Course Correction

You know, this blog really IS more about Jesus than about Doug Wilson, but you’d be forgiven for wondering after the last few posts. I feel the need for a gentle, Spirit-lead course correction — a reminder of the need to stay on the road I embarked on originally — and I’d like to take a moment and examine what that means to me.

I don’t regret or take back anything that I’ve written — not today’s defense of Biblical egalitarianism, not yesterday’s frustration and disappointment with the Dalai Bama, homo pomo slowmo, and strudel dough, and not my concerns over the last few days with this pastor’s discourses on rich food, theology, and father hunger. I stand by them; I’m sure I’ll need to reiterate them. But my intention in this blog is always to offer with my rebuke what I call The Third Way of the Cross. An outpouring of passion and writing from me this last week has overshadowed the “Third Way” goal, I think.

Now, if I were to begin a post with a rumination on butter, for example, or if I wanted to express my dismay at the childishness of a powerful local pastor, I’ll have to use some examples — some touchstones, as it were, that anchor “where I’m going” with “how’d I get here anyway?” If I want to rebuke the idea of a “theology of food and feasting” that I think unfairly represents Christian liberty, or voice concern about exaggerated pastoral authority, I need to bring up the “source irritant.” A diatribe of mine, lacking a “first cause” of objectionable views, would look odd, coming out of nowhere and unable to make a point — really, who in the world thinks about butter and fudge and father hunger, if not for a previous reference to them elsewhere?

The same thing goes for what I think is immature, un-pastoral mockery of presidential candidates and post-modern moral decadence: without a reference point, my going on about “The Dalai Bama” would look more than a little odd. “Homo pomo slowmo” without explanation would kick “a little odd” right through the goalposts of “freakin’ bizarre.” These are public commentaries from Moscow’s most public pastor, and I’m sure he owns them just as cheerfully now as he did when he first wrote them on his public blog. They represent errors that I think are not only serious enough to merit comment, but solid enough to open the door to an offer of a better way. If other pastors in town — other representatives of Christ to a largely unbelieving community — said, wrote, and did the things Wilson does, I’d voice my dismay in their direction, too. But they don’t. There are some pastors and elders of Christian churches in town that I’m not fond of, and a couple of churches I wouldn’t recommend to people, but I know of no other pastor in Moscow who offers the public mockery, intentional offense, bad theology, and loathsome approach to engagement with non-believers and critics as Wilson, and so, when I think that shedding some light on a dark piece of blogwork is important, I have to make clear the reference.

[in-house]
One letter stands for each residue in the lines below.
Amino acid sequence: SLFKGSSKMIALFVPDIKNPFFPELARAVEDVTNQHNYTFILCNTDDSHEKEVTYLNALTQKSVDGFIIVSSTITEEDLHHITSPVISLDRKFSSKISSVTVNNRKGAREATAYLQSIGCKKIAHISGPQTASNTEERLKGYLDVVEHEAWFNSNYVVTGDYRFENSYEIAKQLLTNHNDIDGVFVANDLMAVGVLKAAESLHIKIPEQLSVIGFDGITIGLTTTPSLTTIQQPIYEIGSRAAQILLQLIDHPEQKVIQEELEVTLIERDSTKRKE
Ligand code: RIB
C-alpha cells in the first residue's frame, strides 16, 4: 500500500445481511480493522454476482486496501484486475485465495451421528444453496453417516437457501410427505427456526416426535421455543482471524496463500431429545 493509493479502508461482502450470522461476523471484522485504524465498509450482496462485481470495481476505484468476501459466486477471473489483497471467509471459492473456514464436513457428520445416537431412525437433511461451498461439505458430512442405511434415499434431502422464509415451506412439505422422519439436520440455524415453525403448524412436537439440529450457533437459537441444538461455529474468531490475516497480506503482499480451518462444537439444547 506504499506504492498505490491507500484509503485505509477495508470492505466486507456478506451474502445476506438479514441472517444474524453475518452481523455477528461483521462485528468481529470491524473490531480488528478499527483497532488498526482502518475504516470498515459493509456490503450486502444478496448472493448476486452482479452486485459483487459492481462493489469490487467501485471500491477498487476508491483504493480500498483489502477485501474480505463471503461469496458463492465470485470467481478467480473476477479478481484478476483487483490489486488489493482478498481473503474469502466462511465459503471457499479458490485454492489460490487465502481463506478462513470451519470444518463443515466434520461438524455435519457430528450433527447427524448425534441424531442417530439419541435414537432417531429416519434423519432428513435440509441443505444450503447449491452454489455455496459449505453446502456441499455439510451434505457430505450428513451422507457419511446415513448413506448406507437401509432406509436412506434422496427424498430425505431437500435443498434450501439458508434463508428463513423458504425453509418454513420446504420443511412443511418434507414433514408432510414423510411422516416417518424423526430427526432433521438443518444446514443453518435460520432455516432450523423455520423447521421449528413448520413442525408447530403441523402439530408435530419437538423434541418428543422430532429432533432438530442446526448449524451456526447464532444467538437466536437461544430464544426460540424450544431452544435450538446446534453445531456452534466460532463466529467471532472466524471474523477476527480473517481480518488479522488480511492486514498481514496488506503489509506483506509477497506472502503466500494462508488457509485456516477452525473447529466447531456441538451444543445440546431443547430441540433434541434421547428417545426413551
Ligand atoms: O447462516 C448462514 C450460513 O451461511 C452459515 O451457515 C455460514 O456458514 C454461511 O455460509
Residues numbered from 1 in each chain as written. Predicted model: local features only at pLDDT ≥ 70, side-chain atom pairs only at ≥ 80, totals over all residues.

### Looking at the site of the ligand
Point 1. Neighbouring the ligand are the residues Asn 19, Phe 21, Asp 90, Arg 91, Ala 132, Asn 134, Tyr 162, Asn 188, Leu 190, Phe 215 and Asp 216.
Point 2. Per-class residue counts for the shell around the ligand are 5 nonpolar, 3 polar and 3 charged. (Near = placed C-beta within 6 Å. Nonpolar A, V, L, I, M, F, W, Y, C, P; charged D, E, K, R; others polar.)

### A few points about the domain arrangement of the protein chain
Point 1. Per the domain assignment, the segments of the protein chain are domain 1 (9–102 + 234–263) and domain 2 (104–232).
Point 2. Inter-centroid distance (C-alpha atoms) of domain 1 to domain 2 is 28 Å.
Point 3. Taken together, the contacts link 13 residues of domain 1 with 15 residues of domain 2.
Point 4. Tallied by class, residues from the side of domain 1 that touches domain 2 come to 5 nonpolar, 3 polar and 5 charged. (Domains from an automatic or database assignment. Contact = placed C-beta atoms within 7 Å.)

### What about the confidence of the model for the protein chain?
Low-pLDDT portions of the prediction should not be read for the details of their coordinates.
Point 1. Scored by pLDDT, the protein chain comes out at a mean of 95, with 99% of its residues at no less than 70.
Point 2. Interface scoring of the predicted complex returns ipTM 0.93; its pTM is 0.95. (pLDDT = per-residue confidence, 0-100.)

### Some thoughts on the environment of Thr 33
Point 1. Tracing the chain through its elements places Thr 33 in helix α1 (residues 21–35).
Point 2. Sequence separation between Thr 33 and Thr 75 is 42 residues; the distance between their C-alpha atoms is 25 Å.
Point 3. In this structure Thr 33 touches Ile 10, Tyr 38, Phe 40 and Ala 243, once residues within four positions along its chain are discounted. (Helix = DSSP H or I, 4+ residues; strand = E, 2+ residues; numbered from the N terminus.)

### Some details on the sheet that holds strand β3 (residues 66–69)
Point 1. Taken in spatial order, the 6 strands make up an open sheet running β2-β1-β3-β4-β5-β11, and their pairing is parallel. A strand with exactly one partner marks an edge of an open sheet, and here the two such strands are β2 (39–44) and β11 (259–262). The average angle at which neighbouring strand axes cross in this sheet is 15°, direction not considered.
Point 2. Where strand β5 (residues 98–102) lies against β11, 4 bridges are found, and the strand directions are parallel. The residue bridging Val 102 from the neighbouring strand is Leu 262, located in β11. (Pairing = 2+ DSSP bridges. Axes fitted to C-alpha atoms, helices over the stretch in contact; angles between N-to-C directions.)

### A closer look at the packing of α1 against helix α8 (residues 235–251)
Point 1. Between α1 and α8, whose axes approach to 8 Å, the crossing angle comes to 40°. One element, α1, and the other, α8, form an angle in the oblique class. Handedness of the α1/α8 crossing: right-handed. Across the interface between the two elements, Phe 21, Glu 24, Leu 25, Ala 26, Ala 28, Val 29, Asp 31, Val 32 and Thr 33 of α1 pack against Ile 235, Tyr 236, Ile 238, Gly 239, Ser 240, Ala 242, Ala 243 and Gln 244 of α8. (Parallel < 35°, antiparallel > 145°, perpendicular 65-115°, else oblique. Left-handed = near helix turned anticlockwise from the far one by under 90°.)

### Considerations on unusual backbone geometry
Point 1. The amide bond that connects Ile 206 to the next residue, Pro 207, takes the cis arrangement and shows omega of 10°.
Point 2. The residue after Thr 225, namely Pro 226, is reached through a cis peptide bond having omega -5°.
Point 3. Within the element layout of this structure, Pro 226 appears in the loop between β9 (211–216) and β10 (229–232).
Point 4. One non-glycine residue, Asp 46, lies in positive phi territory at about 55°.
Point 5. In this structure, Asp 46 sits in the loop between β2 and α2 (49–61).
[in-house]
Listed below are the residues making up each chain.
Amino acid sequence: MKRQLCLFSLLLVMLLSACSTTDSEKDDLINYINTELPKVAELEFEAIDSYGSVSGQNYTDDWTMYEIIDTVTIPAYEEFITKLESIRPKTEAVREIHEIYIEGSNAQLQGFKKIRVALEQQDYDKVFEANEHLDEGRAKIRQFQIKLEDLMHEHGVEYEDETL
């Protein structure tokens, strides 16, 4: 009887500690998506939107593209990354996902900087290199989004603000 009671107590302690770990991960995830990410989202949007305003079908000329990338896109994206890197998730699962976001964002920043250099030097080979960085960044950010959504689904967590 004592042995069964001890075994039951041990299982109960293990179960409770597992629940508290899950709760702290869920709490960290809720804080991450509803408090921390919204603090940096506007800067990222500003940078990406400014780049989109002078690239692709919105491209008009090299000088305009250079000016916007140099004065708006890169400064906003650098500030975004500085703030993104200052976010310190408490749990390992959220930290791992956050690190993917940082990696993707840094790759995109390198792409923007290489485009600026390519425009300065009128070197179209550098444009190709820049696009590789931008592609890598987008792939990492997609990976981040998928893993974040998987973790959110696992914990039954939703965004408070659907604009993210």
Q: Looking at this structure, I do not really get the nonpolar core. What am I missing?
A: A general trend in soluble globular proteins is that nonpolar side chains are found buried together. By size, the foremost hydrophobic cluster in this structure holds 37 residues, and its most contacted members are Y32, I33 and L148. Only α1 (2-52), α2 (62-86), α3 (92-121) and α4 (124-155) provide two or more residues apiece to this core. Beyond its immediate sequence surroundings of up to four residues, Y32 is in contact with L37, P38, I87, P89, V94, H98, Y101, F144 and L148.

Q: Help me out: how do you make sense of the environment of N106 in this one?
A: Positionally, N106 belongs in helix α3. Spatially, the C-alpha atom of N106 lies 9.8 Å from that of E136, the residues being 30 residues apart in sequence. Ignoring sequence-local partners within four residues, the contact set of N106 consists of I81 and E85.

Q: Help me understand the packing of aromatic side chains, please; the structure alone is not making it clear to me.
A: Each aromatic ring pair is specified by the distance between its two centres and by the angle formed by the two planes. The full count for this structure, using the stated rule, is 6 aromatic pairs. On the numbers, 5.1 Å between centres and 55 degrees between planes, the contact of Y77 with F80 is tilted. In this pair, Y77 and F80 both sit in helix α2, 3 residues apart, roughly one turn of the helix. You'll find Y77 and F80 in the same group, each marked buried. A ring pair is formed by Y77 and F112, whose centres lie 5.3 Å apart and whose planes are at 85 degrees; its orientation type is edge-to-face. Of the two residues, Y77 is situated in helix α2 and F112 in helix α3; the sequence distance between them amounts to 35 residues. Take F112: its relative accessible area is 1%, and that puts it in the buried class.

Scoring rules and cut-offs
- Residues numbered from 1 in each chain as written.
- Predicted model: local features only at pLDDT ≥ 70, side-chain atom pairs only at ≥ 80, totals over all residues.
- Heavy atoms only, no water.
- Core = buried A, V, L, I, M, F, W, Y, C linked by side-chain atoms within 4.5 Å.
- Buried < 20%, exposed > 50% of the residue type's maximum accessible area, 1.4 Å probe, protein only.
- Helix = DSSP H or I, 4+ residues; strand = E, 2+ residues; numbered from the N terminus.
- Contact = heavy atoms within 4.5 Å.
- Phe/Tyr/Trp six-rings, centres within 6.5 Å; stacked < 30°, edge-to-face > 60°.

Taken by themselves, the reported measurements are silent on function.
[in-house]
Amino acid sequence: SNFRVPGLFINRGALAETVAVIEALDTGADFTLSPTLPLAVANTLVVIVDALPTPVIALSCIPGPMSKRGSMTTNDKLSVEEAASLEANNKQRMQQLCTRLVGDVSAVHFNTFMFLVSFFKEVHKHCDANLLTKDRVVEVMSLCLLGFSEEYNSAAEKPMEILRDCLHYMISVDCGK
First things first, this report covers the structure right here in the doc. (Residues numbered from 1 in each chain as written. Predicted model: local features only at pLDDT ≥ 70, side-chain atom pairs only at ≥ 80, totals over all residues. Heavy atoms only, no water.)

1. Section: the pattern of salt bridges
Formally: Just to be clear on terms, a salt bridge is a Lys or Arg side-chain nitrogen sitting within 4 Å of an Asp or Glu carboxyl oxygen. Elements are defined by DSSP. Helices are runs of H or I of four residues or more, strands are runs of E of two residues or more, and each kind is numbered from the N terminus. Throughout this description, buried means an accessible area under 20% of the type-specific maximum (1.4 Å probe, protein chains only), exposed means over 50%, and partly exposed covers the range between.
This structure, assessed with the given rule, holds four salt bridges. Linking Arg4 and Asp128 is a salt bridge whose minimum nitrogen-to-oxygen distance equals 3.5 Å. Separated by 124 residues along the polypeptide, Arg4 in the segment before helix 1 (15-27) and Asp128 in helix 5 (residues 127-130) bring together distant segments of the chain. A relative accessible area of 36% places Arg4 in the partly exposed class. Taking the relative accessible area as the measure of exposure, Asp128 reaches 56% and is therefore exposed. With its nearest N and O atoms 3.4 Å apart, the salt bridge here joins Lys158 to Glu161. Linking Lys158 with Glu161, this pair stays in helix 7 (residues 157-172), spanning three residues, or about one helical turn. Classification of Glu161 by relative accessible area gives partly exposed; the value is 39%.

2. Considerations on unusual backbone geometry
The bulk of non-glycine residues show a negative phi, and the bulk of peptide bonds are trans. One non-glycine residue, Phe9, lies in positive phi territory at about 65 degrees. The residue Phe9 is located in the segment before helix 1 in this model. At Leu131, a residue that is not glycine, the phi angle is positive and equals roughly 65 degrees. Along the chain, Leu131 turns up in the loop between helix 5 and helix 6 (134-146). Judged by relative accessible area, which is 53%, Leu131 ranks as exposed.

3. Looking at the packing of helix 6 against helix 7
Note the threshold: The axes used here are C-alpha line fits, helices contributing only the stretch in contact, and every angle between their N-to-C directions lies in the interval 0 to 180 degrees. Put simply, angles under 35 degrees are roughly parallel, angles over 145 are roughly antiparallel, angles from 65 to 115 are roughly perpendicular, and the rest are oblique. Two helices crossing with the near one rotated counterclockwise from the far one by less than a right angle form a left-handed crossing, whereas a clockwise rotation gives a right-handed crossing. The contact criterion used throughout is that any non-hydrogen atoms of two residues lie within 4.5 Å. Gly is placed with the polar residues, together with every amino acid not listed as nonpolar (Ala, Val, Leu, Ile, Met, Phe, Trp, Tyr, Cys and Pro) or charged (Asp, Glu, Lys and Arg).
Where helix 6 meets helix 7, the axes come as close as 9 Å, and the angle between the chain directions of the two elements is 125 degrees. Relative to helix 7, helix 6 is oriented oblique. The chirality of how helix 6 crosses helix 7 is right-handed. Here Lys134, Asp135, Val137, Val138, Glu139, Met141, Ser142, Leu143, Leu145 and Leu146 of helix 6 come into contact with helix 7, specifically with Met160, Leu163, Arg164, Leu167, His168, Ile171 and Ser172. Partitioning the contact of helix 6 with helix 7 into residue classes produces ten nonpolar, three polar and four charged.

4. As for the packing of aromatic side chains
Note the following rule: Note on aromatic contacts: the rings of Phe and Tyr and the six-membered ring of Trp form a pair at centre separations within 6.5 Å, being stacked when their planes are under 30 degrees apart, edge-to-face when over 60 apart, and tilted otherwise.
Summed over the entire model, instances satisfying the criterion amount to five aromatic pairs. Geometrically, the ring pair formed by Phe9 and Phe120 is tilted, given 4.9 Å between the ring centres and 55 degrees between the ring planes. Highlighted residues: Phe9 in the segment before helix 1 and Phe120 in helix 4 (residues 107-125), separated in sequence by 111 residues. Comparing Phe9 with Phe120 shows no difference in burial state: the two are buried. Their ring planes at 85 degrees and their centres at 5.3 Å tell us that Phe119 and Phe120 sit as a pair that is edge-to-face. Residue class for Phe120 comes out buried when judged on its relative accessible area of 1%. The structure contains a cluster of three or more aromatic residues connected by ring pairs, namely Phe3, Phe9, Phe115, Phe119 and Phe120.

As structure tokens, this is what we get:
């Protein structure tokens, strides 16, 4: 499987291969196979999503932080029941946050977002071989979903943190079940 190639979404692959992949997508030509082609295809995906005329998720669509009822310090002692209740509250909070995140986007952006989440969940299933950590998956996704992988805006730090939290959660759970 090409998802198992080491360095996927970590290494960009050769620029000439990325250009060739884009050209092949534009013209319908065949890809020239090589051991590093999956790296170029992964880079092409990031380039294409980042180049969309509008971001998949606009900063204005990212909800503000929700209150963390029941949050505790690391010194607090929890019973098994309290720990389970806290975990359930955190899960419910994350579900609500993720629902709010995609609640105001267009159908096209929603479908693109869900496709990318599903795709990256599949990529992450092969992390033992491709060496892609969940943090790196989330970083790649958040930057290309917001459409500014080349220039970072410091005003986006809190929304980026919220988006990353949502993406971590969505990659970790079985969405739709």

My concern here is that I also have to make clear the light, the better way, and that’s where, for whatever reason (volume, passion, etc.), I’ve gotten a bit off course. Please don’t worry about whether or not any display of soul-searching is “effective” in what I’m trying to do with “Prevailing Winds.” It’s not about effectiveness. It’s about my character, and I need to always focus not just on “leading away from,” but “leading the way to.” I’ve been a believer for 27 years, and I know a nudge from the Holy Spirit when I get one.

So, that said, I’ll continue to offer my thoughts on food, liberty, feasting, respect, theology, the price of tea in China and all of that, and if a published or publicly-spoken example that I find rebuke-worthy appears, I won’t hesitate to offer my comments. But with those comments, I hope to always offer a better perspective that ultimately focuses less on Doug Wilson and more on Jesus Christ.

One more thing: I think you can eat and drink anything you want to, as long as you don’t do it in a way that harms yourself or puts others at risk. Further, I always appreciate good counsel from church leaders. However, I object to the idea that anyone knows better than you the motivations of the food choices you make, and I would expect your pastor to honor your Spirit-informed autonomy and liberty and not judge the maturity of your walk by what you eat or don’t eat or the questions you have about your food. We are all responsible to each other; we are accountable only for ourselves, and the are a lot of areas where the wisest course for a pastor would be to butt out. The Gospel is free and freeing. Don’t ever let anyone shackle you with burdens and expectations you were not meant to carry. There’s room in the covenant for you to disagree with your pastor or discount his teachings. Apostasy has as its central point a moving away from Christ, not from any pastor.

2 Responses to “Course Correction”

  1. Dad says:

    “….A diatribe of mine, lacking a “first cause”… would look odd, coming out of nowhere… unable to make a point ….”

    And… you would post it here on passing wind…

  2. Congratulations, D.A.D. You’re the first Kirker to make a public association between “Prevailing Winds” and fart jokes. The sad thing is that I knew it would happen — I’d been cautioned that it would — and now you’ve proved that your pastor’s immaturity has, indeed, influenced his flock. Way to go.
    Keely

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